The House Energy & Commerce Committee held a hearing on October 12, 2011, to consider “Food Marketing: Can ‘Voluntary’ Government Restrictions Improve Children’s Health?” Speaking for the committee, Chair Fred Upton (R-Mich.) concluded that an interagency working group tasked with developing standards for marketing food to children and teenagers had taken what appeared to be “a first step toward Uncle Sam planning our family meals.” Agency witnesses, such as Federal Trade Commission (FTC) Bureau of Consumer Protection Director David Vladeck, then testified that the proposed voluntary standards released in spring 2011 are undergoing “significant revisions” to allay the concerns of industry stakeholders.

Among other matters, the FTC has determined that (i) “with the exception of certain in-school marketing activities, it is not necessary to encompass adolescents ages 12 to 17 within the scope of the covered marketing”; (ii) “philanthropic activities, charitable events, community programs, entertainment and sporting events, and theme parks are, for the most part, directed to families or the general community and do not warrant inclusion with more specifically child-directed marketing”; and (iii) FTC staff “does not contemplate recommending that food companies change the trade dress elements of their packaging or remove brand equity characters from food products that don’t meet nutrition recommendations,” that is, the government will no longer suggest that cartoon characters be removed from the packaging of foods without nutritional value marketed to children.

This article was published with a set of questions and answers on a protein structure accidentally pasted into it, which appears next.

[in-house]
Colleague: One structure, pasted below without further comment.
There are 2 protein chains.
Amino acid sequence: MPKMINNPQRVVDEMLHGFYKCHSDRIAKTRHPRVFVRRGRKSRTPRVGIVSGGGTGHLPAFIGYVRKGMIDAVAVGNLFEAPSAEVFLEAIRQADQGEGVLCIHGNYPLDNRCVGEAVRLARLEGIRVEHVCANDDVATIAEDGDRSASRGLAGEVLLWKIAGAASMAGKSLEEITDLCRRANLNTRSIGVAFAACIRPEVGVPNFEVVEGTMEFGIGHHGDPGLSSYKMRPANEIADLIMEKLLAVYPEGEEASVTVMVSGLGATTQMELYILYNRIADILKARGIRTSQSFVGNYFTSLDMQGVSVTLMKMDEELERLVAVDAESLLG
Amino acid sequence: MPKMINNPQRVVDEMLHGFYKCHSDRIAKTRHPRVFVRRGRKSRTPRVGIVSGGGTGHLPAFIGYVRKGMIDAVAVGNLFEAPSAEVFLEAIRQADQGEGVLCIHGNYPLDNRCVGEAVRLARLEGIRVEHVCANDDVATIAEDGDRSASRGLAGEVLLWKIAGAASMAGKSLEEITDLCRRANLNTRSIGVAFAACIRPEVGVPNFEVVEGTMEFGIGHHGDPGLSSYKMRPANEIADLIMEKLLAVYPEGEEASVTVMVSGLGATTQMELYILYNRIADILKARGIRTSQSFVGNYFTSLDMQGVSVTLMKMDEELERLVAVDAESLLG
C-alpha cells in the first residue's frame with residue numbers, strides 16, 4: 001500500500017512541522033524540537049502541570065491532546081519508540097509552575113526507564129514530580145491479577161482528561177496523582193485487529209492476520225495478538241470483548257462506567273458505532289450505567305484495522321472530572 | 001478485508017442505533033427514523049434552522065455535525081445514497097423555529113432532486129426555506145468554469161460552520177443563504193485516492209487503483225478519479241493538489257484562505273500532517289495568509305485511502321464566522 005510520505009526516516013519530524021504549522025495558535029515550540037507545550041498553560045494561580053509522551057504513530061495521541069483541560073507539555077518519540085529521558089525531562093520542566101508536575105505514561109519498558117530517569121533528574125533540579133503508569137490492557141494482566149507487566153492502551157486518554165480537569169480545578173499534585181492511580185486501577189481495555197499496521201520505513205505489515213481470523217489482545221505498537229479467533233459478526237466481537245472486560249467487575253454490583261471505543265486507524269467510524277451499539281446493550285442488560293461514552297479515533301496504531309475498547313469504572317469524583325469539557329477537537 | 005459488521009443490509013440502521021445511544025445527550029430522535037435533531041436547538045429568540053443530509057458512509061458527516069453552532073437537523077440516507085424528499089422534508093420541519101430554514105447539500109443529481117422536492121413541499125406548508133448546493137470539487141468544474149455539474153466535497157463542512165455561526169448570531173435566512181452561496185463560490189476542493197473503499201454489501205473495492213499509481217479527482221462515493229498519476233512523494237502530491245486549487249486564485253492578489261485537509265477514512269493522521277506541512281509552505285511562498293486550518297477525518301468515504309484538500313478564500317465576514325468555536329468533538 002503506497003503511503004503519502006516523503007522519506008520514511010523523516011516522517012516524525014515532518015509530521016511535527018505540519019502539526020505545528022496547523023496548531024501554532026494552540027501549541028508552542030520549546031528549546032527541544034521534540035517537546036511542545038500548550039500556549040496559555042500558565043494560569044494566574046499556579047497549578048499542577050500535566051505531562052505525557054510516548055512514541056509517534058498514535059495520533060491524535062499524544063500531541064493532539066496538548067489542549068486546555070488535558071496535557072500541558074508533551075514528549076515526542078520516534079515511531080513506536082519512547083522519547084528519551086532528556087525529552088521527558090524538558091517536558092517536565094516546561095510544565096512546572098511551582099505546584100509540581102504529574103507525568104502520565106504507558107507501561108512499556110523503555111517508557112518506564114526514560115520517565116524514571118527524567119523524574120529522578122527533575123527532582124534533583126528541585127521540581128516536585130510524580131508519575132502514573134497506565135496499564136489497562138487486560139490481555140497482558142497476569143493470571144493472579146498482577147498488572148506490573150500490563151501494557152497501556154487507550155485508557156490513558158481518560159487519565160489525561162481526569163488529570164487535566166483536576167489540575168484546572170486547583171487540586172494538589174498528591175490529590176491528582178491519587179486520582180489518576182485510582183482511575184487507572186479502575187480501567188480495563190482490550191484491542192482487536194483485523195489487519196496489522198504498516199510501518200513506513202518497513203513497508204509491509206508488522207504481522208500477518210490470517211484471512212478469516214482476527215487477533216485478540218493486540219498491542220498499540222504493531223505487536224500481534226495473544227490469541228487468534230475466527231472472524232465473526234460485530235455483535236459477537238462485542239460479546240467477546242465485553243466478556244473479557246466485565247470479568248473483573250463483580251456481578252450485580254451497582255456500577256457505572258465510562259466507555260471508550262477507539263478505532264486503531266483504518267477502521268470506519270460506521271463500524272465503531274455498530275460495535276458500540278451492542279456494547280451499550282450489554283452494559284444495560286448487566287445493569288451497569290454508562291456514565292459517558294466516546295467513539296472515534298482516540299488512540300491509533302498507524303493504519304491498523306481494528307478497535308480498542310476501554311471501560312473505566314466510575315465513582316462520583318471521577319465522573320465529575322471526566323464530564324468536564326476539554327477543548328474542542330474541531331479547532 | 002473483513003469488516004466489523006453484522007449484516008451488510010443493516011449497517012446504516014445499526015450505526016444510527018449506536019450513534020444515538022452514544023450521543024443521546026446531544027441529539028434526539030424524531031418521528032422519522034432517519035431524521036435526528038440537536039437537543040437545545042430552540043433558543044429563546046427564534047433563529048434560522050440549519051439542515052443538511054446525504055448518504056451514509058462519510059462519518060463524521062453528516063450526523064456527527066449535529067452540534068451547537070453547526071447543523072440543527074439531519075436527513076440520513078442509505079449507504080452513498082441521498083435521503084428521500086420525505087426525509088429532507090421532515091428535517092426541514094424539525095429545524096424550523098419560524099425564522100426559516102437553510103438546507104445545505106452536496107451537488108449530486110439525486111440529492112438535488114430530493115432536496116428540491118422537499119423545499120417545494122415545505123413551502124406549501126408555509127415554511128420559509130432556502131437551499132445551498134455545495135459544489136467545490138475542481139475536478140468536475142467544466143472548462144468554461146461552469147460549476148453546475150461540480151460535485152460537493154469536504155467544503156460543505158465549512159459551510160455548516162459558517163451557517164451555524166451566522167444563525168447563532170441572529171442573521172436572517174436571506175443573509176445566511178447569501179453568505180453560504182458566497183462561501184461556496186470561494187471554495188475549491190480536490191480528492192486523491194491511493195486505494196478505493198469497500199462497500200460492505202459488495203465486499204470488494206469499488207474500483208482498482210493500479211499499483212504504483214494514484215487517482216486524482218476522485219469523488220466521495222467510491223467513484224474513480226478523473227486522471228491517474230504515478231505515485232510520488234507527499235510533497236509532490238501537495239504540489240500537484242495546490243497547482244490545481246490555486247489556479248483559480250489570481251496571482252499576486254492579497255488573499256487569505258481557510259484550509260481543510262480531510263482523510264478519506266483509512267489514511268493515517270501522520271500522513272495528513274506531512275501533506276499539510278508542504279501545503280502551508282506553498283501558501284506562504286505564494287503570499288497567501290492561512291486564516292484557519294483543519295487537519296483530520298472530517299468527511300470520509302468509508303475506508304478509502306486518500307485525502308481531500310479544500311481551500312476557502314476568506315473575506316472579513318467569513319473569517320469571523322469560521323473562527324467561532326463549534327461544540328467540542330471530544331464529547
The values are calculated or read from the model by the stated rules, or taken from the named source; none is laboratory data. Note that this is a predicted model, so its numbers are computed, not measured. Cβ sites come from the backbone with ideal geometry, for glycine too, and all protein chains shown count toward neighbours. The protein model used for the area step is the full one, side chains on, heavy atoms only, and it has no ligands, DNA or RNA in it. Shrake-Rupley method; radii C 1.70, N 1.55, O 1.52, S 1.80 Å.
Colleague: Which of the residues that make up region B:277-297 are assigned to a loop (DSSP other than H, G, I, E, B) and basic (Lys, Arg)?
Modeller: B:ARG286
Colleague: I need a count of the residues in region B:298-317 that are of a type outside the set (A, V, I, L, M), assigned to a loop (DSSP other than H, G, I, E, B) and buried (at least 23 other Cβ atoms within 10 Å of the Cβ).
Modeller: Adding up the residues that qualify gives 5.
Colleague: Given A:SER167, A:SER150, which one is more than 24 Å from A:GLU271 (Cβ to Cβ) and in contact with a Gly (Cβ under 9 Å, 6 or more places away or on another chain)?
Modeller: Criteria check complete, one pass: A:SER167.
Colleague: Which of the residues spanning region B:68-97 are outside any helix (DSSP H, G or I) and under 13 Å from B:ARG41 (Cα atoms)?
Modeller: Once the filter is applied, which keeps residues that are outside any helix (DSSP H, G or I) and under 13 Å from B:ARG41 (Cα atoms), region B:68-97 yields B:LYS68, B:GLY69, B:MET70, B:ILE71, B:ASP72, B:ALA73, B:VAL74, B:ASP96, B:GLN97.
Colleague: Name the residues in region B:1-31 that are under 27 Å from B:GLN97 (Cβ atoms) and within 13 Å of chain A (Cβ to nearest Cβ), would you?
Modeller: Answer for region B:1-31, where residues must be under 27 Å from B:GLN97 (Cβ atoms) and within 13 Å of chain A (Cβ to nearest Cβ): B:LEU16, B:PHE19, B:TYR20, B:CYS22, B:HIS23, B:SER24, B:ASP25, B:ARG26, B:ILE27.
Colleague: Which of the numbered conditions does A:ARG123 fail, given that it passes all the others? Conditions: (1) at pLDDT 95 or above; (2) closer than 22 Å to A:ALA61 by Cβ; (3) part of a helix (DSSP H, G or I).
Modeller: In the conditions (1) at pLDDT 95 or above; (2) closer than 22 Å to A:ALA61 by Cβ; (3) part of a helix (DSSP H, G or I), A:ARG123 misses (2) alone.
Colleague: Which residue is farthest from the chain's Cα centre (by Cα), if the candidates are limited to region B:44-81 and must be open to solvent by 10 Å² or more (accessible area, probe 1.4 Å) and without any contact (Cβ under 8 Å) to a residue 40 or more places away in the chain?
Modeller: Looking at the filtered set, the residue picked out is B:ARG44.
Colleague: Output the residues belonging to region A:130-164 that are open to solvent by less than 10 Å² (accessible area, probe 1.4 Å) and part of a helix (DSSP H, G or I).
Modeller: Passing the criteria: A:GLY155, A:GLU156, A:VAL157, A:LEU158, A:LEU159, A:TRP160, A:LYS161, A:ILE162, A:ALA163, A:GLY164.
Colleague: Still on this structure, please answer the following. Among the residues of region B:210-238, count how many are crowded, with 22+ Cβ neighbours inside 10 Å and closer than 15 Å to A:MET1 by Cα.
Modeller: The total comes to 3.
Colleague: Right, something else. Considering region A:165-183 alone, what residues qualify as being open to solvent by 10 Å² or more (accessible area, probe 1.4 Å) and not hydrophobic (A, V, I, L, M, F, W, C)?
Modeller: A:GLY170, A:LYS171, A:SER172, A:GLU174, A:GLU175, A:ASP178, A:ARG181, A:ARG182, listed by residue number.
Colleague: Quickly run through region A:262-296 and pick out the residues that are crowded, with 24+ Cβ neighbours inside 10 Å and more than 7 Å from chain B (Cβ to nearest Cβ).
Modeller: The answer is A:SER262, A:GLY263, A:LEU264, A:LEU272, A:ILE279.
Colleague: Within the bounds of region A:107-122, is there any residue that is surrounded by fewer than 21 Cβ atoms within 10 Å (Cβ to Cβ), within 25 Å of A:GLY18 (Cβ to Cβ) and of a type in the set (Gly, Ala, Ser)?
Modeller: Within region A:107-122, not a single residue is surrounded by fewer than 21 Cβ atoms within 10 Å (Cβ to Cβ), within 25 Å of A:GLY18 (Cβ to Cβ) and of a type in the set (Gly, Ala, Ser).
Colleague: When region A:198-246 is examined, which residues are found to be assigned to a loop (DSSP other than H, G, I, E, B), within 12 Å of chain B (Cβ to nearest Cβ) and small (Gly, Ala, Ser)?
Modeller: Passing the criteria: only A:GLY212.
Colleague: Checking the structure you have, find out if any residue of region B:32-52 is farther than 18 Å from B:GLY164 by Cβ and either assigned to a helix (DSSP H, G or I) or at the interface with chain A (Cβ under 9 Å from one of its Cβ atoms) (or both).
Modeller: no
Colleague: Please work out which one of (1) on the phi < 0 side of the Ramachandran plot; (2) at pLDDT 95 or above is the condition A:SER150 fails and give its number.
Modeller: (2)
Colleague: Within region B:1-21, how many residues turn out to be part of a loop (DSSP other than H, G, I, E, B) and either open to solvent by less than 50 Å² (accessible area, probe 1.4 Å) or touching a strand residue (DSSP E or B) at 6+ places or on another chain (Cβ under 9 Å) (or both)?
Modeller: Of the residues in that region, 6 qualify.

Testifying on behalf of the U.S. Department of Agriculture, Robert Post indicated that a voluntary self-regulation program, involving 17 food manufacturers and restaurant chains, appeared to be moving in a positive direction in terms of “getting healthier products marketed to children” by agreeing “to follow a unified set of nutrition criteria.”

Public health advocacy interests responded with concerns about an apparent weakening of what were already voluntary government guidelines. Center for Science in the Public Interest Nutrition Policy Director Margo Wootan said, “What an unseemly spectacle it is to see panicked junk-food advertisers running to Congress to help fending off the innocuous, voluntary guidelines for food marketed to children proposed by the Interagency Working Group.” Noting that the industry was apparently playing the “national nanny card,” Wootan also said, “I suppose if you’re in the business of convincing young children to want to eat Cocoa Puffs, Cookie Crisps, Kool-Aid, and fake ‘fruit’ snacks, it makes perfect sense that you’d try to change the conversation away from nutrition and health.”

Meanwhile, industry opponents of the marketing guidelines reportedly testified that the government should scrap them entirely, calling them “backdoor regulations” that would result in the loss of thousands of U.S. jobs and accomplish little in addressing childhood obesity. According to a spokesperson for the Association of National Advertisers, “These are unprecedented and extreme proposals [that] need to be formally withdrawn and taken back to the drawing board.” Some congressional representatives apparently agreed that the recommendations be withdrawn, critical of what they viewed as the Obama administration’s failure to consider potential economic impacts of the guidelines and concerned over opening the door to consumer lawsuits. See Advertising Age and CSPI News Release, October 12, 2011.